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THE POPULAR SCIENCE MONTHLY.

and Kampani. The vowel-sound in "bank," which does not occur in Indian languages, could be expressed only by some special symbol. I use â for the broad sound of a in "fall." Words in italics are in the Indian Government spelling. Words between inverted commas are in ordinary English spelling.

 

Age, twelve months. M-m often repeated; Bá bá repeated an indefinite number of times.

M-m generally indicated a want of something. Bá bá was: 1. A sort of general demonstrative, standing for the child herself, other people, or the cat (I do not think she applied it to inanimate objects); 2. An interjection expressing satisfaction. Both sounds, however, seemed often to be made without distinct intention, as mere exercise of the vocal organs.

 

Thirteen months. Dá dá; Wa wa (water, drink); Wah wah, with a guttural sound distinct from the foregoing (dog, cat); Ná ná (nurse—of course as proper, not generic name).

Dá dá was at first a vague demonstrative. I noted, however, with a query, man as a second and specialized meaning. About six weeks later it became a distinct proper name for the child's father, and has been consistently so used ever since. By this time the significance of pictures was in a general way understood. The child said wah wah to figures of animals, and attempted to smell at trees in the illustrations of the Graphic. (Six months later she pretends to feed the dogs in a picture.) The fact is curious, having regard to the inability of adult savages, as reported by many travelers, to make anything of even the simplest representations of objects. About this time the ticking of a watch gave great pleasure, and for some months afterward the child constantly begged to have one put to her ear, or, still better, to have it in her hand and put it there for herself. Five or six months later she had left off asking for it.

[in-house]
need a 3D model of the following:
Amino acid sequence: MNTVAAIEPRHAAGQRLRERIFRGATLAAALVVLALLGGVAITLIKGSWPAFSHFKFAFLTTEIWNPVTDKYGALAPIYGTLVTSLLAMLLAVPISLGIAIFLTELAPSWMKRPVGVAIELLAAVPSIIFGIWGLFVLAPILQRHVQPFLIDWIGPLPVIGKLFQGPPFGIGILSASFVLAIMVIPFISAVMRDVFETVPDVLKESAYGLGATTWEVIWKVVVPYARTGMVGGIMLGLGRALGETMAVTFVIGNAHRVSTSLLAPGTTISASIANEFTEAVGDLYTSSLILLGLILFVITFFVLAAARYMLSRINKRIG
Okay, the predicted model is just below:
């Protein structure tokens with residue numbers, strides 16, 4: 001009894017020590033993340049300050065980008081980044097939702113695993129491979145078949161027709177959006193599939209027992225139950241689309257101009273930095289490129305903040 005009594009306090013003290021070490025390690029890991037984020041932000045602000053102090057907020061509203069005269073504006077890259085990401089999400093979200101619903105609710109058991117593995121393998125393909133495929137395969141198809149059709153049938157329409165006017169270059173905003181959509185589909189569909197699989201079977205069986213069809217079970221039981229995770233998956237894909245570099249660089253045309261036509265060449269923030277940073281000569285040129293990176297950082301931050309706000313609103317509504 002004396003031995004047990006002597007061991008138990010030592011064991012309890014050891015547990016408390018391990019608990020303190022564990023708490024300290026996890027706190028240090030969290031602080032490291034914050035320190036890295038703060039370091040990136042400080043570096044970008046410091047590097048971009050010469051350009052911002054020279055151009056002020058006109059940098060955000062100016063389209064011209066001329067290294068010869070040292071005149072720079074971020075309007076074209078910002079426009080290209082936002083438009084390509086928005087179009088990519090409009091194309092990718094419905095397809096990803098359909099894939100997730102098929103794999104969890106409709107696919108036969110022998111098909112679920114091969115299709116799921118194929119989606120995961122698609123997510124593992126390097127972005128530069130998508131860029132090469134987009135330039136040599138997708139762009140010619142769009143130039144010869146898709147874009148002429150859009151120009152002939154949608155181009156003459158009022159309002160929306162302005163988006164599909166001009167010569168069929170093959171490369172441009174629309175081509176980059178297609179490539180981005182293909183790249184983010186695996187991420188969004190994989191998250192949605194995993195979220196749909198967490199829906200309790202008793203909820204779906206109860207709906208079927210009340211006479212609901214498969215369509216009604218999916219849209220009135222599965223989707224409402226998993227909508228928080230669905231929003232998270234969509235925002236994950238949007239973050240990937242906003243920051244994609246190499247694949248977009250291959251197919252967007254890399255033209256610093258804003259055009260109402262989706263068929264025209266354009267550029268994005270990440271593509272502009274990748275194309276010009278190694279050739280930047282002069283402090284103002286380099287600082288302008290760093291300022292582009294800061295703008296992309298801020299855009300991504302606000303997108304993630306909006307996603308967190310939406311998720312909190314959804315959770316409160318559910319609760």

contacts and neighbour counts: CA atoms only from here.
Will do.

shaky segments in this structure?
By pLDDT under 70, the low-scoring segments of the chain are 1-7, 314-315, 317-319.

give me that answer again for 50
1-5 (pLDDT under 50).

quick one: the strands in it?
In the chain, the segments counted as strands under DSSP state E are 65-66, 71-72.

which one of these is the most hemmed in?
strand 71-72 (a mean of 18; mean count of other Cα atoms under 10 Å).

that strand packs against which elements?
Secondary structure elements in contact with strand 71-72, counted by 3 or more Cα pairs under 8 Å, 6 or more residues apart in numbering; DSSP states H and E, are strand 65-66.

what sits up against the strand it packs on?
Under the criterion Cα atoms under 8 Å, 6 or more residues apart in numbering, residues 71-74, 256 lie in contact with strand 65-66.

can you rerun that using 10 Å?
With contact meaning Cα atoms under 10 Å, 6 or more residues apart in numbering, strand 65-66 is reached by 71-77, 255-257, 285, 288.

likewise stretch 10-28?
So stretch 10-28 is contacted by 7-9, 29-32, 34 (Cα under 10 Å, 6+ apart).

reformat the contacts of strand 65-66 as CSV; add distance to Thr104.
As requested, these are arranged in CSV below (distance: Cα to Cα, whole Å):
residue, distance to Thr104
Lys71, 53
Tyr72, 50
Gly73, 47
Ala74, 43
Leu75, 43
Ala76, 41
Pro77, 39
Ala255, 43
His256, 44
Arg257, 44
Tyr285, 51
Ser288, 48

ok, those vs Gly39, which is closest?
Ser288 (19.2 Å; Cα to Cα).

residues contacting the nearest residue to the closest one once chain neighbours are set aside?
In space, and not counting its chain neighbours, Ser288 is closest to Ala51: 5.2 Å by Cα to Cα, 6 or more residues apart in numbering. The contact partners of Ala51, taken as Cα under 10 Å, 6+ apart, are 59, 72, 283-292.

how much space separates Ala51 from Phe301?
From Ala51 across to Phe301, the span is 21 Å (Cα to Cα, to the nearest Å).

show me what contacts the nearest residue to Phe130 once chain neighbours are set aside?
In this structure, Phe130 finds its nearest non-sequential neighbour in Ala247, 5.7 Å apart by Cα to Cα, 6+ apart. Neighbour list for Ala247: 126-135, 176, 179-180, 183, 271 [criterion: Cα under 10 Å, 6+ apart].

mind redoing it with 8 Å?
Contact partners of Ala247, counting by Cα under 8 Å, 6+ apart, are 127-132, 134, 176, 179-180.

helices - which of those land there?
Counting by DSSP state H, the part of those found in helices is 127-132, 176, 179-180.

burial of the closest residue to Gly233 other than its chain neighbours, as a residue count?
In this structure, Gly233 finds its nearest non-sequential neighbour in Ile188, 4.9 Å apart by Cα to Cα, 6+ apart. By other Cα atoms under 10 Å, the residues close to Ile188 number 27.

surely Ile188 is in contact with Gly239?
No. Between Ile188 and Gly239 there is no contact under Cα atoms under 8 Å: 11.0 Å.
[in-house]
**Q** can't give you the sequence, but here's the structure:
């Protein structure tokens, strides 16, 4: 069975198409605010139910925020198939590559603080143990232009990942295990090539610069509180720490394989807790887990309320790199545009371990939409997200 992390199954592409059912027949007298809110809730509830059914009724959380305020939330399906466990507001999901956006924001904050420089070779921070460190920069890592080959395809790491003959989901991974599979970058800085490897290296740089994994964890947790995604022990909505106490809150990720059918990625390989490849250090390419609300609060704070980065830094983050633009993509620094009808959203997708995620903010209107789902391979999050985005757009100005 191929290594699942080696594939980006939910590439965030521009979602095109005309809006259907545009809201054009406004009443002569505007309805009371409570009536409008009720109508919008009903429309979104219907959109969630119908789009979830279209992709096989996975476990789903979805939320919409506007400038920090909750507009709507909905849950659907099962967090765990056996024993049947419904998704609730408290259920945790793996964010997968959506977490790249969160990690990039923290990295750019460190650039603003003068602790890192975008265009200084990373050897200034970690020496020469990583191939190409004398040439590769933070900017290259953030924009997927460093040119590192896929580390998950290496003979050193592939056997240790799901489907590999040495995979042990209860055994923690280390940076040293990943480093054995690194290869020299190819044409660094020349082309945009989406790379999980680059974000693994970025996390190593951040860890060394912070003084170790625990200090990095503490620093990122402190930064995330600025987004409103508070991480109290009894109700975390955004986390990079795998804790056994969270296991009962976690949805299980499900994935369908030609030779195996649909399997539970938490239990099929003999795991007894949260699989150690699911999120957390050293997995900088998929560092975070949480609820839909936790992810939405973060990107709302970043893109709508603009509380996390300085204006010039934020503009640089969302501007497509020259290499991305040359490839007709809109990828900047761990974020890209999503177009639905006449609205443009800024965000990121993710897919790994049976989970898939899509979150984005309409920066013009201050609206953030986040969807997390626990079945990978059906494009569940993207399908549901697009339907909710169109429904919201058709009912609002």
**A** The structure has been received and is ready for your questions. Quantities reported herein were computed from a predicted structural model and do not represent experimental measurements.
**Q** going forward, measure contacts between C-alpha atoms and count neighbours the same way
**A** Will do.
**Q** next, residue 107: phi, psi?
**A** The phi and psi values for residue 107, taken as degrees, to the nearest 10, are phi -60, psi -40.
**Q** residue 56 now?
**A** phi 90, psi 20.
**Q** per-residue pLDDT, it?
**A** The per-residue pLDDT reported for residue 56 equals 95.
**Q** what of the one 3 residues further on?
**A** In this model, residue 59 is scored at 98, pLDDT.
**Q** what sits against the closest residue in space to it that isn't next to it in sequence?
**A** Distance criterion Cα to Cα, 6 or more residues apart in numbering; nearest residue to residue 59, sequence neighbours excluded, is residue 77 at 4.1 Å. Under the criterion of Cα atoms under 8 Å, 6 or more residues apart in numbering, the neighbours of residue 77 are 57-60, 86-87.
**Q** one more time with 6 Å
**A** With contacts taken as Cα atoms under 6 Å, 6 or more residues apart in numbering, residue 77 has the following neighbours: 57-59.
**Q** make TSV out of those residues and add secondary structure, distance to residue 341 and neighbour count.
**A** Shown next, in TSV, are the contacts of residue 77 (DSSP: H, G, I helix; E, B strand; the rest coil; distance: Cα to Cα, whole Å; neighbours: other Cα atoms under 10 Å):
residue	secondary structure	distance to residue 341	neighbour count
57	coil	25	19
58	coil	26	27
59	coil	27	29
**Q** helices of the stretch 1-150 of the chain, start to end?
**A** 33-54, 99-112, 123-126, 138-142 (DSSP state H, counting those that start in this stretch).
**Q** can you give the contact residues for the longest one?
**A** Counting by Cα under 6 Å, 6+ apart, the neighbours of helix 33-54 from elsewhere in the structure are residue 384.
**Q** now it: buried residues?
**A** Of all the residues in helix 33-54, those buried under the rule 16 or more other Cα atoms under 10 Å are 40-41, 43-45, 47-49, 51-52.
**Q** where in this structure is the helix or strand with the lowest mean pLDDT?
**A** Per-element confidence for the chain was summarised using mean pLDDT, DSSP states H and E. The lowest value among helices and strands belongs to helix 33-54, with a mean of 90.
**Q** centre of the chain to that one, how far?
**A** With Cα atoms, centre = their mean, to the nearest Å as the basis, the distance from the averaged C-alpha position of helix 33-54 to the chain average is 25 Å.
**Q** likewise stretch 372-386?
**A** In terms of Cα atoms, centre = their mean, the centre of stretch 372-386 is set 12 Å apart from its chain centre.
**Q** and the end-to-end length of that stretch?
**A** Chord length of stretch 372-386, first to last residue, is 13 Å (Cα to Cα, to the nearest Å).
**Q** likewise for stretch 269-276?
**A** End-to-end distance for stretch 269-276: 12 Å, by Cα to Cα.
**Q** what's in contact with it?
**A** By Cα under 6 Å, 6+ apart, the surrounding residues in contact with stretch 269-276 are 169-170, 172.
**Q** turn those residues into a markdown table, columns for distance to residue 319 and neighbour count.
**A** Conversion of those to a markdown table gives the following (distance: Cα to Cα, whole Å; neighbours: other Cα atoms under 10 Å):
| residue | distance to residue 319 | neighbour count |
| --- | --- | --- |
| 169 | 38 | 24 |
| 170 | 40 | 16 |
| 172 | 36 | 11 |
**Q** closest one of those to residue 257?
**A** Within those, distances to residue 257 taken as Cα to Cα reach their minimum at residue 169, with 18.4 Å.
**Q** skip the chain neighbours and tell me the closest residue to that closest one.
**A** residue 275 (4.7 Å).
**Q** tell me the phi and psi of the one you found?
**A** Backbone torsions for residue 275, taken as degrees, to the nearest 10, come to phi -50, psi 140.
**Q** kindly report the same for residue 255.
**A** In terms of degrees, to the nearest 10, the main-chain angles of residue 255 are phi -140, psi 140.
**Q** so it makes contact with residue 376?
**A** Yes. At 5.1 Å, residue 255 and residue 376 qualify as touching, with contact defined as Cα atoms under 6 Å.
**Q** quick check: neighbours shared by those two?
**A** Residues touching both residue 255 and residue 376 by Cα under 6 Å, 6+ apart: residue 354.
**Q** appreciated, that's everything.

Fifteen months. M-m discontinued. Sometimes bá bá used instead; sometimes she simply cried for a desired object.

Imitative sounds to represent dog, cat, sheep, ticking of clock. Wah wah, miau, soon became generic names of dog and cat (wah wah, which at first included cat, becoming appropriated to dog). I think, however, wah wah would include any middling-sized quadruped other than a cat or a sheep. As to cat, her name for it became, a few months later, aya-m or ayá-m, which, so far as I know, she invented for herself. The conventional "gee-gee" for horse was very soon understood by her, though she could not form the j sound. She recognized a zebra in a picture-alphabet as "gee-gee," and showed marked dissent when told it was a zebra.

These imitative sounds were all learned on the suggestion of adults,